This is the opening scene? Appalachian sharecroppers are being dispossessed for nonpayment of back taxes by capitalist bad guys? Why, we could be watching Michael Moore's new documentary, Capitalism: A Love Story! And these very same sharecroppers in Missitucky's Rainbow Valley – they're black and white and working comfortably together! And they purchase consumer goodies from the mail-order catalogue of "Shears and Robust" on credit bubble terms that sound – to paraphrase one of the show's stellar songs – something sort of 2009-ish. This is Finian's Rainbow? The marvelous 1947 show long considered to be unrevivable on Broadway? You better believe it. In the era of President Obama and the Great Recession, this classic show now seems not just timely, but prescient. Not only that, but as sheer entertainment it's not a bit dated, in this canny, loving revival.
Judging from the St. James Theatre, things are still fine in Glocca Morra, a place even Eleanor Roosevelt rhapsodized about in her 1940s newspaper column. And by the way, librettist-lyricist E. Y. "Yip" Harburg pilfered "Glocca Morra" and a few other items of gold from Irish novelist James Stephens's 1912 book The Crock of Gold. In Stephens's magic realist fantasy, Gort na Cloca Mora ("the field of big rocks") is where the leprechauns bury their crock of gold. Then somebody steals the crock and Angus Óg, a god, enters the picture. Sound familiar? But of course Harburg and co-librettist Fred Saidy transform those particulars into their own inimitable, crazy quilt libretto as completely as Senator Billboard Rawkins is transformed from white to black. Sixty years later Finian's Rainbow still does a magical, cock-eyed optimist job of fusing such wildly disparate elements as social justice for working people and minorities, the universal nostalgia for our roots be they Irish or other-ish, and that fuzzy junction of fantasy and reality where, even as disillusioned adults, we all must try to maintain our dreams – the meaning of the rainbow of the title.
Director Warren Carlyle and script adapter Arthur Perlman have trimmed the original script by Harburg and Saidy some 45 minutes and altered the original 1947 ending (which extolled the advent of nuclear energy). At times I missed the even greater political edge of the talky original book (which I first saw in a long-ago revival), but not so much that it intruded on the joy of this production. More importantly, Carlyle and Perlman have introduced dramatically telling changes in the presentation of Finian's Rainbow. First, they have both Jim Norton and Christopher Fitzgerald eschew playing twinkle-eyed, central casting, Disney-ized Irishmen. In a way, the gifted Norton almost plays the part against type, ballasting his portrayal of the Quixotic/cartoonish Finian with an O'Casey-like earthboundness, yet never sacrificing charm or whimsy. Second, the southern white bigotry scenes somehow manage to convey the ugliness of a previous era's racial mores without becoming uncomfortably edgy – as Senator Rawkins and his assistant Buzz Collins, both David Schramm and William Youmans dance this tightrope without ever losing their balance, so skilled is their acting (and the directing).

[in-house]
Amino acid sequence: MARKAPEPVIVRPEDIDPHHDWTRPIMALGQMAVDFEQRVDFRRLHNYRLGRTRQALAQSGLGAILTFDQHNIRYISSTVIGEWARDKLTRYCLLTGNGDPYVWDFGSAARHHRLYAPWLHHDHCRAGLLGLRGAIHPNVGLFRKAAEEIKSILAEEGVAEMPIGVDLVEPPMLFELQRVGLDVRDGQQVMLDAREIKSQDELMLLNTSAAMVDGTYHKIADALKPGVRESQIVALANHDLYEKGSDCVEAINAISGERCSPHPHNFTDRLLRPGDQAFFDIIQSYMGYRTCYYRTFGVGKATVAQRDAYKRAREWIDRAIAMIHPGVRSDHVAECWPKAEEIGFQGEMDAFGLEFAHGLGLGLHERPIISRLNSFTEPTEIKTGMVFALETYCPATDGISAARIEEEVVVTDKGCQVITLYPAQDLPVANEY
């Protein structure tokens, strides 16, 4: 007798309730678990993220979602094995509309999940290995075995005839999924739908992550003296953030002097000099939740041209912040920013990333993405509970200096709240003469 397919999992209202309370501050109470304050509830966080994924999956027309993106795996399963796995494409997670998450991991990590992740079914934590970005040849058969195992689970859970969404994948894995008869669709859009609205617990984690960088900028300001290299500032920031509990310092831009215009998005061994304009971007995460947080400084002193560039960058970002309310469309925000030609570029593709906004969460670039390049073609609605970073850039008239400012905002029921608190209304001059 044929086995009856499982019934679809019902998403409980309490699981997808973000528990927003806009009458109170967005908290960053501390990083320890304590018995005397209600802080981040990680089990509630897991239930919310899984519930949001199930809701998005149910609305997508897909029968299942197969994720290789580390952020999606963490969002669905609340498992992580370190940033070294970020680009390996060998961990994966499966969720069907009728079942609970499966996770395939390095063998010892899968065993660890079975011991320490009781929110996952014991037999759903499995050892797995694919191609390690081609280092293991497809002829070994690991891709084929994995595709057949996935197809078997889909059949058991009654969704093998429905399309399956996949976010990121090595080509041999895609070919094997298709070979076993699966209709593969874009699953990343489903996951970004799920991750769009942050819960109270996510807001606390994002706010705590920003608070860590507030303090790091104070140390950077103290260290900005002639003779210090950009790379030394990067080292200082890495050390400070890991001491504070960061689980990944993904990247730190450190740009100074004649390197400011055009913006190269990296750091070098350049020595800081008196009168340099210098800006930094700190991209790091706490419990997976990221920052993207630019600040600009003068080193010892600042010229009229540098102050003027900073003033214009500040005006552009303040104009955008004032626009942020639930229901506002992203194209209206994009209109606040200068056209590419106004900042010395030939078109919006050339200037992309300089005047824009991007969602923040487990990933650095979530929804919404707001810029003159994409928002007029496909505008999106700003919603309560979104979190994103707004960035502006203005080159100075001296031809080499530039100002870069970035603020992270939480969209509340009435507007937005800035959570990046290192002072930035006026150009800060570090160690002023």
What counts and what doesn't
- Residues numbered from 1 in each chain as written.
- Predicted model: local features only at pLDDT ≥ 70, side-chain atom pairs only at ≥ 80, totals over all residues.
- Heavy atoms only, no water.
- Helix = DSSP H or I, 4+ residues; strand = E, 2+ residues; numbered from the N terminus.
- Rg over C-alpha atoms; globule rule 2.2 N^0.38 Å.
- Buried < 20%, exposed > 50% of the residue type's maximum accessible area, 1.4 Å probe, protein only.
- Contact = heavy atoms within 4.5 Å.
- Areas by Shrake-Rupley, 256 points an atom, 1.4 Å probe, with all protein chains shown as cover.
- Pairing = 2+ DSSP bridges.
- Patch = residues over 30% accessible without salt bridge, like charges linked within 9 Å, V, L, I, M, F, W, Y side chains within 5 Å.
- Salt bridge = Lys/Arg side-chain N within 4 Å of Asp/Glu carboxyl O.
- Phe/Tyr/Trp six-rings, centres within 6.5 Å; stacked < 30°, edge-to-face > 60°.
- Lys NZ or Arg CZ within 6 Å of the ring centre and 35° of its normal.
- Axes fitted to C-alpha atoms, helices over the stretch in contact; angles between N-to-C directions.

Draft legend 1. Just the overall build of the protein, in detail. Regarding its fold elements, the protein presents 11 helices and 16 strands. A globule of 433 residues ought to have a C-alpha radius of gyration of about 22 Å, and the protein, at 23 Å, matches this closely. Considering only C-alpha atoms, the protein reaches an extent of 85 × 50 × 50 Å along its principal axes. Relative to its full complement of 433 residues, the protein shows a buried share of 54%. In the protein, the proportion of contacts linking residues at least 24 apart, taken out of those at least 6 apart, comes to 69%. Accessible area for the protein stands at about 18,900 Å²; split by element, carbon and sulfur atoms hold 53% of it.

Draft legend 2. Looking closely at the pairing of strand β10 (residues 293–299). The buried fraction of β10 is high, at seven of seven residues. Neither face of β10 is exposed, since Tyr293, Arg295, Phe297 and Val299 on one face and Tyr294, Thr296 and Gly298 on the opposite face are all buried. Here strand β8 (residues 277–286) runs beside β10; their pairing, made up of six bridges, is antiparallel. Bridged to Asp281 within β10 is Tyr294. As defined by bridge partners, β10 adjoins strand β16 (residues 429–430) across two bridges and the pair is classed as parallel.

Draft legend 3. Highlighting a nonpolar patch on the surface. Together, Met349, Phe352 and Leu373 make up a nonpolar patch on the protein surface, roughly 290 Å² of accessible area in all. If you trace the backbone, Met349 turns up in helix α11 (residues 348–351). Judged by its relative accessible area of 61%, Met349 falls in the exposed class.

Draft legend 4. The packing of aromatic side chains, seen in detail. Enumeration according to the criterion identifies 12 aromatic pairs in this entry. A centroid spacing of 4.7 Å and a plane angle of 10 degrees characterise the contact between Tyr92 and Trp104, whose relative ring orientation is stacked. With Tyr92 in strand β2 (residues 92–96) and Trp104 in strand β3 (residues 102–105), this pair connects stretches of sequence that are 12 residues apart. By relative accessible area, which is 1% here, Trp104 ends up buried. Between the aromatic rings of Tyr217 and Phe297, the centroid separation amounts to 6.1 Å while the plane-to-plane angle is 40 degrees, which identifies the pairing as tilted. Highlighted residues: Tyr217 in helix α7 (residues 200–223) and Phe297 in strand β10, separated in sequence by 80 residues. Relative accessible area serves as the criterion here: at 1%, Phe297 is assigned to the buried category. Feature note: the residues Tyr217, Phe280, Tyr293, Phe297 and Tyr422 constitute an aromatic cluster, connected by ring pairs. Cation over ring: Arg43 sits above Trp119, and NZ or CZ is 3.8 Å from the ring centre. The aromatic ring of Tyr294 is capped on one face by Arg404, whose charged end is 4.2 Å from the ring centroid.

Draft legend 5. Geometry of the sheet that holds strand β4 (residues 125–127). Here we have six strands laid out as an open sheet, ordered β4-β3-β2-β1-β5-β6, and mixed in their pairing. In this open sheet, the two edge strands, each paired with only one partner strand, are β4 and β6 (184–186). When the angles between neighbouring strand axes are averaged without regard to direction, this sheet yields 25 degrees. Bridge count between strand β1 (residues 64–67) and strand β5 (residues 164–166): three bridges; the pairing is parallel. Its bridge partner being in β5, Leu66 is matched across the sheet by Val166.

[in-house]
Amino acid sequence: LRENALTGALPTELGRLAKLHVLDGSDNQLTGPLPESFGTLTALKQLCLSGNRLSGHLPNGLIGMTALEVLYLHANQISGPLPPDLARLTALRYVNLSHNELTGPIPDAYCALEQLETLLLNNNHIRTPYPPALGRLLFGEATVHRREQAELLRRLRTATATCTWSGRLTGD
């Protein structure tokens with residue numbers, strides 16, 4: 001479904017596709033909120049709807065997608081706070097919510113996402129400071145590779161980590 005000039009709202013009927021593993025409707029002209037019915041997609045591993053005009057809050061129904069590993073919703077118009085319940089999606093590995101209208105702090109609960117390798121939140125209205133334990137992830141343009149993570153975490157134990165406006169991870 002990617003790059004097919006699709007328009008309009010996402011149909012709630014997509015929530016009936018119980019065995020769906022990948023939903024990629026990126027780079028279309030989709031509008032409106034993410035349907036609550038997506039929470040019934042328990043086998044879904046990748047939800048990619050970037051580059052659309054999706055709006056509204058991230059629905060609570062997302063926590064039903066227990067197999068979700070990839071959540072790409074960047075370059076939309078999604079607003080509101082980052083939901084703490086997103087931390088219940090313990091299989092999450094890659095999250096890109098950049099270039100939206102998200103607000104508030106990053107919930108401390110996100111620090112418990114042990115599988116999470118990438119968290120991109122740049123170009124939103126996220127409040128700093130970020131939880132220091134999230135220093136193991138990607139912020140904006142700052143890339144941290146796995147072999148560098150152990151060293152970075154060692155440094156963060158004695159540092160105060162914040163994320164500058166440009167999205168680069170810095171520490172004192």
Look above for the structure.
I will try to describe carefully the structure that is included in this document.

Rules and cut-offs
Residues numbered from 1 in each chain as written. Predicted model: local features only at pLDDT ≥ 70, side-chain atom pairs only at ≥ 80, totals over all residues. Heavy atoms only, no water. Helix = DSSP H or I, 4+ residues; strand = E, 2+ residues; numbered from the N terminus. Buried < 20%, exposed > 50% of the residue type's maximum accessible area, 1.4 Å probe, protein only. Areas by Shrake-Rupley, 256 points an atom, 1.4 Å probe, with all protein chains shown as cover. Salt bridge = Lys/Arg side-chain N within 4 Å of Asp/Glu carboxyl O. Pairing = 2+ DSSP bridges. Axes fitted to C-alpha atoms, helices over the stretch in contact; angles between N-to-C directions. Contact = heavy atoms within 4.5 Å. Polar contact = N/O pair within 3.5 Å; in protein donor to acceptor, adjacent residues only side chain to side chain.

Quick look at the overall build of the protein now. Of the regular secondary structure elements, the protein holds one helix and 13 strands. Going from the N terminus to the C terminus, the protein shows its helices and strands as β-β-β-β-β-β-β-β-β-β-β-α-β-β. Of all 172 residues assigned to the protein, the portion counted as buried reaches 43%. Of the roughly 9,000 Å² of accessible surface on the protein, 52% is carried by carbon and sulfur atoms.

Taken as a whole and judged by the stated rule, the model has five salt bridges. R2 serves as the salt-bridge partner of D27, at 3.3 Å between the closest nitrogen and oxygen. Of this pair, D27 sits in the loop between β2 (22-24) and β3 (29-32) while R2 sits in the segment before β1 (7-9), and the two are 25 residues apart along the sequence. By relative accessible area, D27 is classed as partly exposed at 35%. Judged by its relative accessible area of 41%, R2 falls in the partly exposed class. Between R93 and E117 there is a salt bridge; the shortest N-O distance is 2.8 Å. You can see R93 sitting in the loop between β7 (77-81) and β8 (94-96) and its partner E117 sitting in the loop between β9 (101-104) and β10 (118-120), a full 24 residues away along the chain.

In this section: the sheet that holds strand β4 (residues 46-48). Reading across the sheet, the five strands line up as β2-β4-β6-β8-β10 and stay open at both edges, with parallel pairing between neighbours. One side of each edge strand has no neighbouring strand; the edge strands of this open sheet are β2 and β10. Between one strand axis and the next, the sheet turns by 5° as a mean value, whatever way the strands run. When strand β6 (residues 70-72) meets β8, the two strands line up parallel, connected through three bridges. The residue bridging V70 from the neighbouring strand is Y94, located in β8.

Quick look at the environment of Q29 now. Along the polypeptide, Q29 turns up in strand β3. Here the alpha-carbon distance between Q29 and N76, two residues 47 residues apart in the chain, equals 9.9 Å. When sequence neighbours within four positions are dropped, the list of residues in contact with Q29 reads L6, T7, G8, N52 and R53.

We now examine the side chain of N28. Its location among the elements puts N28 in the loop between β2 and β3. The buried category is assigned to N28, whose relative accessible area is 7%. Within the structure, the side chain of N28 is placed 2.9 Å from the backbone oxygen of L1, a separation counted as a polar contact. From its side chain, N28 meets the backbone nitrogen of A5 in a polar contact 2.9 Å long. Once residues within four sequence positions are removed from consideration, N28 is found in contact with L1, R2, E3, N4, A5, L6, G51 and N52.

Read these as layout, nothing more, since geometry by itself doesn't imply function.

Finally, in the 1947 original and most previous revivals, the magical change of the bigoted senator from white to black was handled by blackfacing (or masking) the white actor. Even back in 1947 the blackface was understood as satirical by sophisticated New York audiences. Which is not to say that race-blind casting was accepted back then: only three months before Finian's Rainbow opened, Canada Lee appeared on Broadway in The Duchess of Malfi in whiteface, and the Broadway community hailed it as a once-off novelty. And a few weeks before Finian opened in January 1947, Duke Ellington's Beggar's Holiday also showed blacks and whites mixing on stage. (A member of the original 1947 chorus in Finian told me in 2003 that there were some tensions backstage because of the prejudice of some of the cast members.) This production uses an actual black actor as the Senator's black changeling, and in this complex dramatic assignment Chuck Cooper, playing every microscopic nuance of comedy and skin-within-skin self-awareness, absolutely commands and seizes the stage. He is simply extraordinary in this role.
The songs, of course, are glorious, Burton Lane's tunes a panorama of genres from cowboy ("That Great Come and Get It Day") to Cotton Club ("The Begat") to renaissance gavotte (‘Something Sort of Grandish"). I actually prefer "Look to the Rainbow" to Harburg's earlier "Somewhere Over the Rainbow." The wonderful original orchestrations by Don Walker and Russell Bennett are intact, if subtly doctored by Larry Moore with string scoring slightly altered and a key changed here or there ("If This Isn't Love," in D in the original, here is lowered a whole step to C). The sound design by Scott Lehrer is less successful. Some shows' sound set-ups are over-sibilant (110 in the Shade). Lehrer's here is boomy and deficient in highs, and it costs the clarity of some of Harburg's mordant lyrics, the political daring of which demands careful listening (two phrases that do clear the ear: "get your beer and your benzedrene" and "Honorary Aryans begat").